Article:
Objection 1 threats of economic reprisal by union agents directed to voters if they did not Support the union (denied after hearing). The Board's policy is not to consider evidence of pre-election misconduct that is unduly remote from the date of the election, and in implementing this policy it follows a rule of thumb that it will not consider evidence of misconduct occurring prior to the filing of the representation petition, Ideal Electric,134 N.L.R.B. 1275 (1961). The Board refused to consider testimony concerning statements made by union agents in November 1974 and at a union meeting held December 14, 1974. We have recognized the purpose of the Ideal Electric rule and have approved its application, Golden Age, supra; Independent Inc. v. NLRB, 406 F.2d 203 (CA5, 1969). The Board has consistently declined to depart from the Ideal Electric standard except in very unusual circumstances.1 We are not able to say that the Board erred in applying Ideal Electric here.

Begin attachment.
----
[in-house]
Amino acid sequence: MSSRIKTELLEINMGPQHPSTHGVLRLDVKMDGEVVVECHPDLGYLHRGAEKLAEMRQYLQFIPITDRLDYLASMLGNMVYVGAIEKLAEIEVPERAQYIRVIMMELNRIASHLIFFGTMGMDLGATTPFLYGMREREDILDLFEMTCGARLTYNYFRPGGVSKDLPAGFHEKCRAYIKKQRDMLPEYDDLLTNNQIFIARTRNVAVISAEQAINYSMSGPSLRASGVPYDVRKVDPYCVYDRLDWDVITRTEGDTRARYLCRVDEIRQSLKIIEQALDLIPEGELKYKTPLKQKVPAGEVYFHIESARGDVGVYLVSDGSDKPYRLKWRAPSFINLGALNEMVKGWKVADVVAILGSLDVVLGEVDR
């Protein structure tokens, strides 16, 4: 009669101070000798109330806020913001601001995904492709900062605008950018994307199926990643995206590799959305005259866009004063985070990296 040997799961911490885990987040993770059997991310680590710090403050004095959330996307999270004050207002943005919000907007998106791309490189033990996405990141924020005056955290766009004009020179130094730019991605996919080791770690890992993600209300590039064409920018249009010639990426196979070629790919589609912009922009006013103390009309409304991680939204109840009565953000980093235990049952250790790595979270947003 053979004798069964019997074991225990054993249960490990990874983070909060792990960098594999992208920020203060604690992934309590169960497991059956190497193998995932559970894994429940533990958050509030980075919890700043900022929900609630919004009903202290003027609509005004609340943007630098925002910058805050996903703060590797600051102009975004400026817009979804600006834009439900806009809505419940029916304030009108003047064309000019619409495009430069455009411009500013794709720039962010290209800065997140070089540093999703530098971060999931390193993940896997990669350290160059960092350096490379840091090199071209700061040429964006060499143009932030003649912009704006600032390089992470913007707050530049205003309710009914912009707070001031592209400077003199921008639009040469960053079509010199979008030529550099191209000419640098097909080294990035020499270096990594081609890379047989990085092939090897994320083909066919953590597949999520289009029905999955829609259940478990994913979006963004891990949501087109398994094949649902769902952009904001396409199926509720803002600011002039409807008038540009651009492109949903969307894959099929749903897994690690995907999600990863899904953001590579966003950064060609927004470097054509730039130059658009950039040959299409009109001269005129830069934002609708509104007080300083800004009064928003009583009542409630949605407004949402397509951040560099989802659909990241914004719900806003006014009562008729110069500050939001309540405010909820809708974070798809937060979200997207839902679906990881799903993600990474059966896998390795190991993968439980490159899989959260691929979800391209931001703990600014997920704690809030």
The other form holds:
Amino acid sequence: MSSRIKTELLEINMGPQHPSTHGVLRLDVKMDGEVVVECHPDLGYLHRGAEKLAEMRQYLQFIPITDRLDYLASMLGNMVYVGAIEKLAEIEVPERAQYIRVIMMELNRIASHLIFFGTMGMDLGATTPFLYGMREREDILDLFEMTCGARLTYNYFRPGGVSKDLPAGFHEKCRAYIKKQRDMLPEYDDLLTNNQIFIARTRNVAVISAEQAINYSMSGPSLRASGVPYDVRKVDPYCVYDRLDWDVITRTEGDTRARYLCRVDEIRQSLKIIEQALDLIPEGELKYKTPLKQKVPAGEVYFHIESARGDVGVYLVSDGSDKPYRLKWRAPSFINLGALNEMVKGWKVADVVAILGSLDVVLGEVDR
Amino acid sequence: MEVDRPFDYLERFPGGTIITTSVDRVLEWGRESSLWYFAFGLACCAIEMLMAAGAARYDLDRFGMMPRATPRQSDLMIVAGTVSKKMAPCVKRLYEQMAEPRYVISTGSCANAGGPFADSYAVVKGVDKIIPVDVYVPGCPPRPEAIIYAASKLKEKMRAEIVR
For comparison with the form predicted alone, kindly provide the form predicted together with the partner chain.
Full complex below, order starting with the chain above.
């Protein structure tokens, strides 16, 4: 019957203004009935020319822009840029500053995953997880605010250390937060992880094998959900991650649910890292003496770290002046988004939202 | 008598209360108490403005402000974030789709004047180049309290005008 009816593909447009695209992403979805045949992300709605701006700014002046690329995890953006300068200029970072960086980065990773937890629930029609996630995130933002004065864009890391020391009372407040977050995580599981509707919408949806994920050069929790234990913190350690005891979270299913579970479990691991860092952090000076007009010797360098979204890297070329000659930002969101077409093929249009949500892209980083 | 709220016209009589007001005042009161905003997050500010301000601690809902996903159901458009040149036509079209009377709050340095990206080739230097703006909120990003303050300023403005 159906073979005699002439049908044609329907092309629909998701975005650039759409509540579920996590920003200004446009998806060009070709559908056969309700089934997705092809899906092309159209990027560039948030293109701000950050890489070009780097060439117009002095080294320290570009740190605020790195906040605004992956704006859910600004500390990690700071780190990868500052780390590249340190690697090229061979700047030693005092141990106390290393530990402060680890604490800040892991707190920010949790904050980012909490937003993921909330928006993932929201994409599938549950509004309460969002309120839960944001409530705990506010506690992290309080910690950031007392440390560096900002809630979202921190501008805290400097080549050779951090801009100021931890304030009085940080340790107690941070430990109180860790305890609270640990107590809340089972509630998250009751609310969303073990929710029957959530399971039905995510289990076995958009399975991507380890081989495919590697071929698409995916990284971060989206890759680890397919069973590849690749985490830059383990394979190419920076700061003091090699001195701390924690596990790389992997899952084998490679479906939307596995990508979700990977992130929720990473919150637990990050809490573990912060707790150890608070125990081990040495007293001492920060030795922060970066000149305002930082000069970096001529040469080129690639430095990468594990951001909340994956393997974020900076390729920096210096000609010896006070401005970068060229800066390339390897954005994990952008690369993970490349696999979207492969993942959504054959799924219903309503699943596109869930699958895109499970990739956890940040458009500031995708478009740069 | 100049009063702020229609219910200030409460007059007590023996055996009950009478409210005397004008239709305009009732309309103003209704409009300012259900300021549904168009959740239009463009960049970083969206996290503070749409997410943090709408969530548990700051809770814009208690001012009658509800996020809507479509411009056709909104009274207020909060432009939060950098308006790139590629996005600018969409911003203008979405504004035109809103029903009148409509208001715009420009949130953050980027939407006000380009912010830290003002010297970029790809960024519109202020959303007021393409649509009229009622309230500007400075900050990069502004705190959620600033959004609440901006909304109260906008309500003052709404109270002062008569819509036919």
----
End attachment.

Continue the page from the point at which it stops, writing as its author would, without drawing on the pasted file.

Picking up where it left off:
A statement allegedly was made at a February 15 meeting to the general effect that if the union did not win some employees might lose their jobs. The Hearing Officer made a routine credibility choice, which a court should not disturb, that the statement was not made.
A witness testified that at a meeting on January 4 a union agent said that employees who signed could make life miserable for those who worked beside them and didn't sign. Another described an agent as saying at the meeting that the signers could make it miserable for the non-signers. These statements, if made, do not appear to us to be threats of economic reprisals. But if they were economic threats they are embraced in the credited denial by witness Lee that neither he nor any other union representative threatened the employees with economic reprisals, that is, the Board by accepting Lee's denial concluded the statements were not made at all.
There was no abuse of discretion in denying Objection 1.